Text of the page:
Optical fiber sensors can offer robust and miniaturized detection of wideband ultrasound, yielding high sensitivity and immunity to electromagnetic interference. However, the lack of cost-effective manufacturing methods prevents the disseminated use of these sensors in biomedical applications. In this study, we developed and optimized a simple method to create optical cavities with high-quality mirrors for acoustic sensing based on micro-manipulation of UV-curable optical adhesives and electroless chemical silver deposition. This approach enables the manufacturing of ultrasound sensors based on Fabry-Pérot Interferometers (FPI) on optical fiber tips with minimal production costs. Characterization and high-resolution optoacoustic imaging experiments show that the manufacturing process yielded a fiber sensor with a small NEP (11 mPa/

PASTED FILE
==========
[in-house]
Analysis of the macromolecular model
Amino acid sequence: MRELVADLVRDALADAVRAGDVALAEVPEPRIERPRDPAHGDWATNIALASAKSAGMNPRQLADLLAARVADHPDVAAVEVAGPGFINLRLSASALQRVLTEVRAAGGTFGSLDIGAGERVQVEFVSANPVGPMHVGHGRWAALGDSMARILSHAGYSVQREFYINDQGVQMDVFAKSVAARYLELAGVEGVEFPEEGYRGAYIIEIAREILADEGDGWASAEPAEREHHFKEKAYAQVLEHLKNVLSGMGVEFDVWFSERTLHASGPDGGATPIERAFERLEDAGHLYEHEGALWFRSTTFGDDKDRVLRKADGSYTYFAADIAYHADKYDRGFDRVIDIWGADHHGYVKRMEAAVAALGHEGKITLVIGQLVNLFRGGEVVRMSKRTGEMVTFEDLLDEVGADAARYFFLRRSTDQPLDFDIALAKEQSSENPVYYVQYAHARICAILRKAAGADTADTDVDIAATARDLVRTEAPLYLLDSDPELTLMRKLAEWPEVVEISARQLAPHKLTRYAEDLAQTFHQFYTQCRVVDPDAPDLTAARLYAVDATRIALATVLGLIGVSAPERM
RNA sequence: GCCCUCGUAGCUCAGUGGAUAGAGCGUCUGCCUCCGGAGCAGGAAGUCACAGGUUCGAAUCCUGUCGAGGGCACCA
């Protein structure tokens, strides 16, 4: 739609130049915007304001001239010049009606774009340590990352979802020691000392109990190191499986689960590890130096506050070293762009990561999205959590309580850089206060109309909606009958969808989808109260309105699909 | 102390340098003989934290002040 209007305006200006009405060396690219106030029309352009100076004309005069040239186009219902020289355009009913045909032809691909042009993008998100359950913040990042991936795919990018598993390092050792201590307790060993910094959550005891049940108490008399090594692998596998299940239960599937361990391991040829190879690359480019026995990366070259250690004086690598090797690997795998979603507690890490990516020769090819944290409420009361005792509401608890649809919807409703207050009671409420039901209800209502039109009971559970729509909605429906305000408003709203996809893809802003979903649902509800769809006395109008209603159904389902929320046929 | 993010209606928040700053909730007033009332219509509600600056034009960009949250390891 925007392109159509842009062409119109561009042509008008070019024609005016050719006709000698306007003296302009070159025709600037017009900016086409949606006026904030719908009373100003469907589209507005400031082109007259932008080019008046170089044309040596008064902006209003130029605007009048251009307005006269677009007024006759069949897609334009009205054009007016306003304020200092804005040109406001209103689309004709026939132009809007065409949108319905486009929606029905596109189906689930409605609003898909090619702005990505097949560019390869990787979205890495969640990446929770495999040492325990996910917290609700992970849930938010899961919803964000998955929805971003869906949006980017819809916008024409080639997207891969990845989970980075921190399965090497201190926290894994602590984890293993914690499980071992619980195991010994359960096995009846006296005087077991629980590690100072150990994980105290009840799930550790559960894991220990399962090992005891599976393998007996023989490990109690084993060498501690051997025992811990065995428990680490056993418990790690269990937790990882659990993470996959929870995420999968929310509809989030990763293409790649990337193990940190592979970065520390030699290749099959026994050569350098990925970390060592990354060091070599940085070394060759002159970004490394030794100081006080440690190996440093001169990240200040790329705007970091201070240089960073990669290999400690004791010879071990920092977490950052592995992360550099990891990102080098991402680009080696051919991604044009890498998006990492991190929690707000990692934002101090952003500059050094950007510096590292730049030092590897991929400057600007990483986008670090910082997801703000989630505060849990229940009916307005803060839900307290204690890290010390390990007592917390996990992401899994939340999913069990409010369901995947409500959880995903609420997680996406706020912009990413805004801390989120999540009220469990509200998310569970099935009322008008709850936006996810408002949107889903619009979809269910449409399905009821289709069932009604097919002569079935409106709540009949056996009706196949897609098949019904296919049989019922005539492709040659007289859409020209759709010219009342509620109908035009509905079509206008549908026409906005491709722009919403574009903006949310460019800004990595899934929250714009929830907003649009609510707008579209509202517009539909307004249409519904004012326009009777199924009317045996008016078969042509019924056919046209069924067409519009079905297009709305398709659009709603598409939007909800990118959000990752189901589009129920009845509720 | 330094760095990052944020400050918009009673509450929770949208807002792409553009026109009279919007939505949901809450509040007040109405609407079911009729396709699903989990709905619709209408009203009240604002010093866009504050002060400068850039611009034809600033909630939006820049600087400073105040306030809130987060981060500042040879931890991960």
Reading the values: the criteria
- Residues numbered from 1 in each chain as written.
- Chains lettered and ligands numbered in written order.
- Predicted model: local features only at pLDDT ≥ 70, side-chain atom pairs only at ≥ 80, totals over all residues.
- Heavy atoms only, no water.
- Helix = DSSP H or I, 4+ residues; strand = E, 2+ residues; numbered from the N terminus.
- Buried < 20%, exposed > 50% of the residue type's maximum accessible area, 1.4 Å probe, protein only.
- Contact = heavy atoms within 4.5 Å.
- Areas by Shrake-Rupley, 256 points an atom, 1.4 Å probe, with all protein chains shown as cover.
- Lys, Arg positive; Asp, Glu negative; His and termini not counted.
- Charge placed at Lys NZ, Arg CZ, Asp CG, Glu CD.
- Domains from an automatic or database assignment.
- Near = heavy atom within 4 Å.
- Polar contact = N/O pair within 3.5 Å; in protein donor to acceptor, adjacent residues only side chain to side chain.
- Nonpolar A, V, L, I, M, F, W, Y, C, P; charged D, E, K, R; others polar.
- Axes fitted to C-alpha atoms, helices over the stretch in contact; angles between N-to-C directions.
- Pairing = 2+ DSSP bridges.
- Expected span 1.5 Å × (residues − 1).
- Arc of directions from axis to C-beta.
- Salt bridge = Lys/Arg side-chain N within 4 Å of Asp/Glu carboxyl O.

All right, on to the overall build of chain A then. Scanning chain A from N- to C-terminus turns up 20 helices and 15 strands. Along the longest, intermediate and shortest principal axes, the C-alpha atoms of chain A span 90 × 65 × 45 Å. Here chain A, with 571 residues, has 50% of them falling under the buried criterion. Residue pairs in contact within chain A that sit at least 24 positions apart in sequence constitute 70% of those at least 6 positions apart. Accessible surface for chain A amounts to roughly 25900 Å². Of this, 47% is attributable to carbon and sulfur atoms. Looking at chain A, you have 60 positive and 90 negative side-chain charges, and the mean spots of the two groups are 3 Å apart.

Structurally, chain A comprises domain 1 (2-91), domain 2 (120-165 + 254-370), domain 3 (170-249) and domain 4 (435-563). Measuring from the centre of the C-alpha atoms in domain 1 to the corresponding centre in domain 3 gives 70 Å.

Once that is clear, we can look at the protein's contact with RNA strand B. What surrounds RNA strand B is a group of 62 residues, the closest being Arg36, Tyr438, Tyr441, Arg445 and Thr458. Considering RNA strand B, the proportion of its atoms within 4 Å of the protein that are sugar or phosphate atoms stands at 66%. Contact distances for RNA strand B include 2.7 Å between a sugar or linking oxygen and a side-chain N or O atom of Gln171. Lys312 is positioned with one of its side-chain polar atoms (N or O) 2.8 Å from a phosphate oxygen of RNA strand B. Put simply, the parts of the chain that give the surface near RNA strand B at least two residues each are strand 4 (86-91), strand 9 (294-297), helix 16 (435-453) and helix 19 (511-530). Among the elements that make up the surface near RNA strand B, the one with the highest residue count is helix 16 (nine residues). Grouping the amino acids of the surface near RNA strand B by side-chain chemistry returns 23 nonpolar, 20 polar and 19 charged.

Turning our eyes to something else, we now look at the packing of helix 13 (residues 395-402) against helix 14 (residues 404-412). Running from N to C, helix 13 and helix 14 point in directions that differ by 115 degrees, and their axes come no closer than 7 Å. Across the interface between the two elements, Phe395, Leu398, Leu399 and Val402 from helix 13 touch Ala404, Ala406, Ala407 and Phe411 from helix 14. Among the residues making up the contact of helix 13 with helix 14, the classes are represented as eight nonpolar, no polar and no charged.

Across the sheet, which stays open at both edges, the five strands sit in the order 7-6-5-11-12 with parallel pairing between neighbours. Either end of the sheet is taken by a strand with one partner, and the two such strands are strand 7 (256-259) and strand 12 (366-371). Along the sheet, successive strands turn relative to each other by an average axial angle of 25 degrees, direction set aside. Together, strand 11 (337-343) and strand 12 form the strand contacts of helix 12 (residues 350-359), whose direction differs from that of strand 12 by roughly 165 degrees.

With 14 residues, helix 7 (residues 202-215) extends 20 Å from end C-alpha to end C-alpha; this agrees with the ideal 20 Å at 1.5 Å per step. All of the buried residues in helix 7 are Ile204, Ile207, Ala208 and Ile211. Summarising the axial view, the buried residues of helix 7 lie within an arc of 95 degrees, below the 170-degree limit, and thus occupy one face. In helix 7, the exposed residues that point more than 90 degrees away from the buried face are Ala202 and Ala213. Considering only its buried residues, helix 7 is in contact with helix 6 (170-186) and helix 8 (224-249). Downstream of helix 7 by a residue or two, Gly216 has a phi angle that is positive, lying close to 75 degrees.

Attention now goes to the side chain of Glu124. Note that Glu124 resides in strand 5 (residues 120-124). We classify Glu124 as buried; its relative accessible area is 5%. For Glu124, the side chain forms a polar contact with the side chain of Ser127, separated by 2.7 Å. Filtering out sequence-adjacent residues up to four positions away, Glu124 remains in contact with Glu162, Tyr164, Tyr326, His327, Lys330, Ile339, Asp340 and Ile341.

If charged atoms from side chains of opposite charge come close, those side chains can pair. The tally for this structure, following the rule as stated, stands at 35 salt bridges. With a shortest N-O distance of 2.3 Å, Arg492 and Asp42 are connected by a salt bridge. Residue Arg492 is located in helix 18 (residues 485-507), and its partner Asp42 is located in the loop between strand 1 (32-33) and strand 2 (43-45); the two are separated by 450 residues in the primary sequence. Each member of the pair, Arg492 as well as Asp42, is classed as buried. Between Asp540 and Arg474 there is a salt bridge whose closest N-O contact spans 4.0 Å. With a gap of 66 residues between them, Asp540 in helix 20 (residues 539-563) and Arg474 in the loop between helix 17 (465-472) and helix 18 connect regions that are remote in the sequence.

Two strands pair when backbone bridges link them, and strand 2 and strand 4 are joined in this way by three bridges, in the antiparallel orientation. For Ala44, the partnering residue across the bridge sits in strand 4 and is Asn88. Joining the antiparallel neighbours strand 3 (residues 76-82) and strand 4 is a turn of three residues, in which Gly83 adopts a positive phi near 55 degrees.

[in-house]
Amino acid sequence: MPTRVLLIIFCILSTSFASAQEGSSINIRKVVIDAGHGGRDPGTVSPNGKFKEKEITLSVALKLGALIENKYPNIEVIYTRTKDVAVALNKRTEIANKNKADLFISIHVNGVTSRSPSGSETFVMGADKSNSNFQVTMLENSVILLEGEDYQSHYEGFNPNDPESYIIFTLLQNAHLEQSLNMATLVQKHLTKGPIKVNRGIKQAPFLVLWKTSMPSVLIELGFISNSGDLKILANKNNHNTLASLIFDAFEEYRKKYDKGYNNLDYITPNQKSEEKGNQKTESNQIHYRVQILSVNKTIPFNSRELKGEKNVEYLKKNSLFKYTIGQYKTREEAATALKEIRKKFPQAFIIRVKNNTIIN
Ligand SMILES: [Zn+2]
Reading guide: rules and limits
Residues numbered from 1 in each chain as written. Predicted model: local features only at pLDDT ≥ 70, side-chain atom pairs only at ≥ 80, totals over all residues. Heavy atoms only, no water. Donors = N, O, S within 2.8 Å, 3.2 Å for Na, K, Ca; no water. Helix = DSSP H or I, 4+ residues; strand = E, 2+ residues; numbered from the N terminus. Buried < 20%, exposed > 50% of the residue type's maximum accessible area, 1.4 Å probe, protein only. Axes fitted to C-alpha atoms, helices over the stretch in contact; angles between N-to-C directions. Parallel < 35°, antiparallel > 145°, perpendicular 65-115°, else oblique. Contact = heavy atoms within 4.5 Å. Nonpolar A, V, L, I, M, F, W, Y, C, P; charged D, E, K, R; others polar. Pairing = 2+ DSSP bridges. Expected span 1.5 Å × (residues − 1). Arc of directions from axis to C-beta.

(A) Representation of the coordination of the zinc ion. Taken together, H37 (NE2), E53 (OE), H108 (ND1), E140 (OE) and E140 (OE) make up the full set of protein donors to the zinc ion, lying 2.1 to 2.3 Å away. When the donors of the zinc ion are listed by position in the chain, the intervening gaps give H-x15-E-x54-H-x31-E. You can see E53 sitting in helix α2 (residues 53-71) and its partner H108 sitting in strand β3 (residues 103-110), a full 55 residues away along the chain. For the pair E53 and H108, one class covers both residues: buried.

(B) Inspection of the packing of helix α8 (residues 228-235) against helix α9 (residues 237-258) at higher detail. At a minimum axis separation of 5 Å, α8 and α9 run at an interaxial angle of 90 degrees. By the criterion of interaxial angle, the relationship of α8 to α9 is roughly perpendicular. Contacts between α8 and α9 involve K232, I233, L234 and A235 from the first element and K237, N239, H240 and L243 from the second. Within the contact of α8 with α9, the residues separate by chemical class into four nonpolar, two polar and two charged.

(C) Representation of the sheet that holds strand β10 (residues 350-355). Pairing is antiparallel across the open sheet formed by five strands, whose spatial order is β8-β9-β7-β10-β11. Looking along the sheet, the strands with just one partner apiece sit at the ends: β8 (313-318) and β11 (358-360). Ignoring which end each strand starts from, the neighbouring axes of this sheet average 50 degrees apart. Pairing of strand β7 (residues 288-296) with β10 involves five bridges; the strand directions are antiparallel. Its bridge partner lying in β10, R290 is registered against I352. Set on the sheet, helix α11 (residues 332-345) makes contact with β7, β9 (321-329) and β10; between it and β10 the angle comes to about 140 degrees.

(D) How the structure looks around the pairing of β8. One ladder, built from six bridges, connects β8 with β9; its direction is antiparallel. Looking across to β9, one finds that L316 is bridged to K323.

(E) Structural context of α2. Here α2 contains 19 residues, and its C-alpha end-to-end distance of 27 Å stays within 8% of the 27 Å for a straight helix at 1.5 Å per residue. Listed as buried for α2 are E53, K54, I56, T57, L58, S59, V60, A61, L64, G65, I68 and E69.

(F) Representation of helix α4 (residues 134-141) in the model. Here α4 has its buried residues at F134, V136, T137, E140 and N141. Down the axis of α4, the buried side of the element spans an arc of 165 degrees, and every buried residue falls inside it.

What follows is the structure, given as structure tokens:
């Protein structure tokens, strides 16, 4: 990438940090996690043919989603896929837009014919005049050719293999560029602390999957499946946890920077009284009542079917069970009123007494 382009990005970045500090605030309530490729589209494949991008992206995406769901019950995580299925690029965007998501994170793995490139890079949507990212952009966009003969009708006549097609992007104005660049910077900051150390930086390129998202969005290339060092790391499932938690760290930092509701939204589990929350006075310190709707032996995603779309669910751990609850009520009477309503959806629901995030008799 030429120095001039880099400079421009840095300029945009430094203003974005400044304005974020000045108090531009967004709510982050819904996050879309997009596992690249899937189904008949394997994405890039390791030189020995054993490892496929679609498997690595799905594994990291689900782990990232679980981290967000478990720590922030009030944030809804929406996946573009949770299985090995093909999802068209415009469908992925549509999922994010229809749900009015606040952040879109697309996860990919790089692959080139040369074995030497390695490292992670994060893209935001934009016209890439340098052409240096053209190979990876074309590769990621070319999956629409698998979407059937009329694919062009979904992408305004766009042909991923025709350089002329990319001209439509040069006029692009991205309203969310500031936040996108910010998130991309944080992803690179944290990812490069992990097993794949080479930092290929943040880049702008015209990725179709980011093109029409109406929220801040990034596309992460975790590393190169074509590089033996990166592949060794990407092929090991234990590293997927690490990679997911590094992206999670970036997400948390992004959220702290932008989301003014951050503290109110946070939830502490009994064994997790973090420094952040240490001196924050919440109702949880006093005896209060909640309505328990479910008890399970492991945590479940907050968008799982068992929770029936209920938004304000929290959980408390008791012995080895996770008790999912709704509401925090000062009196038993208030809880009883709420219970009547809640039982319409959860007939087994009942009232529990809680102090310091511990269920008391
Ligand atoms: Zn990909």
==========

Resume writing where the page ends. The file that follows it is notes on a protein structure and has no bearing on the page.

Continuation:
) over a broad detection bandwidth (25 MHz), generally outperforming conventional piezoelectric based transducers. We discuss how the new manufacturing process leads to a high-performance acoustic detector that, due to low cost, can be used as a disposable sensor.